Consequences of nondeterminism speeding up deterministic computation

If $\mathsf{NP}$ contains a class of superpolynomial time problems, i.e.

for some function $t \in n^{\omega(1)}$, $\mathsf{DTIME}(t) \subseteq \mathsf{NP}$,

then if follows from the deterministic time hierarchy theorem that $\mathsf{P} \subsetneq \mathsf{NP}$.

But are there any other interesting consequences nontrivial (i.e. not a consequence of $\mathsf{P} \subsetneq \mathsf{NP}$) if nondeterminism can speed up deterministic computations?

• Apologies if this question isn't appropriate for this site - I would be happy to improve the question however I can.
– GMB
Apr 17 '14 at 22:39
• I think this is an interesting question. An easy consequence similar to the separation of P from NP is that NP is not in DTime(o(t)/lg n). Apr 18 '14 at 5:23
• ps: I removed the second part because I think it is distracting and doesn't add much to the question. Apr 18 '14 at 5:24
• Thanks, Kaveh - I really appreciate the edit! (and from the vote swing, it seems everyone else does too)
– GMB
Apr 18 '14 at 20:32

I found one related consequence.

Let's say $NEXP$ contains $DTIME(2^{O(t)})$, where $t = n^{\omega(1)}$. It turns out this is just enough time to diagonalize against $P/poly$. Specifically, build the following machine:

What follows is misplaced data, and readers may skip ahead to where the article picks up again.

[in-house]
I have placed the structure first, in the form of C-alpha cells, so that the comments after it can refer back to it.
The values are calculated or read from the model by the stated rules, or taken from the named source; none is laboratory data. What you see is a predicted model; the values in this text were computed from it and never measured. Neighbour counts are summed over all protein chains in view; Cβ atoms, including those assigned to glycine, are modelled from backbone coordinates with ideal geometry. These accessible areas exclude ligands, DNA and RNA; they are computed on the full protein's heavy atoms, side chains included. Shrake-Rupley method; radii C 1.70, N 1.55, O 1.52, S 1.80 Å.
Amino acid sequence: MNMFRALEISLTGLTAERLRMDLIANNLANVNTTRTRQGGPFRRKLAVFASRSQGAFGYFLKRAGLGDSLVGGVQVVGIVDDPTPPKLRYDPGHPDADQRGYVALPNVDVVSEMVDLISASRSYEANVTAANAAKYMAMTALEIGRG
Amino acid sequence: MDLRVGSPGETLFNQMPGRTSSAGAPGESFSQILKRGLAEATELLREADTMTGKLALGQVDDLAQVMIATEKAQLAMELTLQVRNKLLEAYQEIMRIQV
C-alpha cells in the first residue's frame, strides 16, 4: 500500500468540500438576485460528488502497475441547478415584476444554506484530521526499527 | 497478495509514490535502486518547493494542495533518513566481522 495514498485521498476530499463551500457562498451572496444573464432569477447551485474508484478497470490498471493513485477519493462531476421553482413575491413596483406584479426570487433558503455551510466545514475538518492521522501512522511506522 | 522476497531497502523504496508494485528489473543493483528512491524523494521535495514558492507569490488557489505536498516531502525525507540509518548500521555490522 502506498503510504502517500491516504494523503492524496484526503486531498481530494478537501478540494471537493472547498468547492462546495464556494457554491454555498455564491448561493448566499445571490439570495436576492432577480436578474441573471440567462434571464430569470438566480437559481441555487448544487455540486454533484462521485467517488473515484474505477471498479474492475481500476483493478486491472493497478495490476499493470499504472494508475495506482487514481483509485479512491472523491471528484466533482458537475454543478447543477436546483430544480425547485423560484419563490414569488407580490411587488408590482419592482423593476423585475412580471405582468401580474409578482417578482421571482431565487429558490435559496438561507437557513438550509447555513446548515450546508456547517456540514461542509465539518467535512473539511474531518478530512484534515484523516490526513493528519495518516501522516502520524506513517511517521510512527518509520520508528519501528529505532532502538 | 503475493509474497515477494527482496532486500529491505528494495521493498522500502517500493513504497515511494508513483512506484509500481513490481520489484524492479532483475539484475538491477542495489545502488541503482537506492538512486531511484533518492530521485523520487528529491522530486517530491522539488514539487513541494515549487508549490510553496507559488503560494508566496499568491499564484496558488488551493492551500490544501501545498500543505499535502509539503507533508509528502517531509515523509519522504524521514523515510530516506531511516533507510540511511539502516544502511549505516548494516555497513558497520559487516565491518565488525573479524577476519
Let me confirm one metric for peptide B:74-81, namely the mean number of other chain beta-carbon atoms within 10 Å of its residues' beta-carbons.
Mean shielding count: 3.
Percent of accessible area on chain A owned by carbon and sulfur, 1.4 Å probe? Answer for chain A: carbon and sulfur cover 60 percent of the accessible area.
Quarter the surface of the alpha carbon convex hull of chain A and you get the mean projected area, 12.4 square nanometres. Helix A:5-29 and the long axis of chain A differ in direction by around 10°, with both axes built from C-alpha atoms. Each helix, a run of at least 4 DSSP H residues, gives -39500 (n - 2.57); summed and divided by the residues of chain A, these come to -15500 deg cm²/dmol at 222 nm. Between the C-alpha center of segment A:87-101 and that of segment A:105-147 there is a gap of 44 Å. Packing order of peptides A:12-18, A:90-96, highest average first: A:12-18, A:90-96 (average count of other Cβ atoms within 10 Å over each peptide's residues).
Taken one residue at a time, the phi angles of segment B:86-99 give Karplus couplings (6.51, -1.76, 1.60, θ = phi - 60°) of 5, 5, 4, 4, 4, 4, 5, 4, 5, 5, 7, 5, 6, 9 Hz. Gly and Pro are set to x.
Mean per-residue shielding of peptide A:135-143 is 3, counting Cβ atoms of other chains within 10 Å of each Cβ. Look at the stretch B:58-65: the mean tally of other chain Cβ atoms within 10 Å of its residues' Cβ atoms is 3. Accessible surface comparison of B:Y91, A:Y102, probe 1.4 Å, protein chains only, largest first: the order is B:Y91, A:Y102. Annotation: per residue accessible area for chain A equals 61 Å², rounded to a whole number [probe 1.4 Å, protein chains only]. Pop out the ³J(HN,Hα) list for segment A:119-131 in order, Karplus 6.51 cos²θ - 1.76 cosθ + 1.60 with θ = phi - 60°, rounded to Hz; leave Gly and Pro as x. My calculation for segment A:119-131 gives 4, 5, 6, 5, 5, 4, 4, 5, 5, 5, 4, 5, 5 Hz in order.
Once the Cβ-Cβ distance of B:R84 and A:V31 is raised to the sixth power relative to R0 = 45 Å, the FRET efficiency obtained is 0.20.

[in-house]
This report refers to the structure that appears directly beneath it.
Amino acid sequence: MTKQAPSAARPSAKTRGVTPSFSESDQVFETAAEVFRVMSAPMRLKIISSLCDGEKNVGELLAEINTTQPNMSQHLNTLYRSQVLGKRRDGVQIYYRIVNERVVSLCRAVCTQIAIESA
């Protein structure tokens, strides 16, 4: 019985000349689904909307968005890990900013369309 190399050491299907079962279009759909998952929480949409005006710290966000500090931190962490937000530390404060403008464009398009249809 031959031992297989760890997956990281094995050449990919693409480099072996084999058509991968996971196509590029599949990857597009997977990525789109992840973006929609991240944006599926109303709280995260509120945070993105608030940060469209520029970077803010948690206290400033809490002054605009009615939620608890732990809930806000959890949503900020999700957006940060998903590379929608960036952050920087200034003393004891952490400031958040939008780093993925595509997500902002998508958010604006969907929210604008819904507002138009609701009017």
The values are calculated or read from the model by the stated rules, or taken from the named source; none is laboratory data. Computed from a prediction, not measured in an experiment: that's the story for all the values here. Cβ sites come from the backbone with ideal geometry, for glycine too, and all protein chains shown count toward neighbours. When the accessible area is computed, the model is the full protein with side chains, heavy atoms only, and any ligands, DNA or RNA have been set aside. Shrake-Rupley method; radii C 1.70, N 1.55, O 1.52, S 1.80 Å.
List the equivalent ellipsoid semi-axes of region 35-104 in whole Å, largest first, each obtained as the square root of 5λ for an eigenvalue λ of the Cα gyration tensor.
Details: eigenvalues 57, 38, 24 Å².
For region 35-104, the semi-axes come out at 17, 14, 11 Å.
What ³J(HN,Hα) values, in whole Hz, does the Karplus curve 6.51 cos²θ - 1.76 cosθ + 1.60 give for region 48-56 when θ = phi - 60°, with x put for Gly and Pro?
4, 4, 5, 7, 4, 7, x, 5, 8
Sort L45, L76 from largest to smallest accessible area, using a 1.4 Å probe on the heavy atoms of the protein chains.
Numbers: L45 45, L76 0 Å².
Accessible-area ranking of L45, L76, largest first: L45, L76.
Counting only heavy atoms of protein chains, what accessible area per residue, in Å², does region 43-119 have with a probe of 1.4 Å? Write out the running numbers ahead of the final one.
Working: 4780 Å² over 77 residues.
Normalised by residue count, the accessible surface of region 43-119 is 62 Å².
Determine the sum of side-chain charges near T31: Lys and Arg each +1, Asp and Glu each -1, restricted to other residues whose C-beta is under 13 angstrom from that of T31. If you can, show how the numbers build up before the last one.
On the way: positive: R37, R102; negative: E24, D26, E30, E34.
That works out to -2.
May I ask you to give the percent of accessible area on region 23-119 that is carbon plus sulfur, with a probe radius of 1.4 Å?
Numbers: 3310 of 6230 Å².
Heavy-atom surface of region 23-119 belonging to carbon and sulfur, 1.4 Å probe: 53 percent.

On input $x$ of length $n$, consider the $n^{th}$ Turing machine $M$. For every possible advice string of length $t$ and every possible bitstring $b$ of length $n$, run $M$ on $b$ with advice $a$, and reject after $t$ steps if you haven't accepted yet. Record your results in a table. This procedure runs in $DTIME(2^{O(t)})$.

On input $0^n$, if at least half the advice strings cause $M$ to reject, then instead we define it to be correct for our algorithm to accept (otherwise, it is correct for our algorithm to reject). Any advice strings that caused $M$ to get $0^n$ wrong (that is, at least half the advice strings) now get thrown out of the table. We then repeat the process on input $0^{n-1}1$: if at least half the surviving advice strings cause $M$ to reject, then our algorithm will accept (and reject otherwise). Continue like this for all inputs of length $n$ (although really, only $t$ of them are needed - after that many inputs, we have thrown out all possible advice strings).

Clearly this language can be decided in $DTIME(2^{O(t)})$, which we have assumed is in $NEXP$. On the other hand, it cannot be in $P/Poly$: the set of length $n$ inputs diagonalizes against the prospect of $M_n$ being used to decide the language.

So we get $NEXP \not \subset P/poly$, which would be interesting.

I'm going to leave the question open in case someone comes up with something else.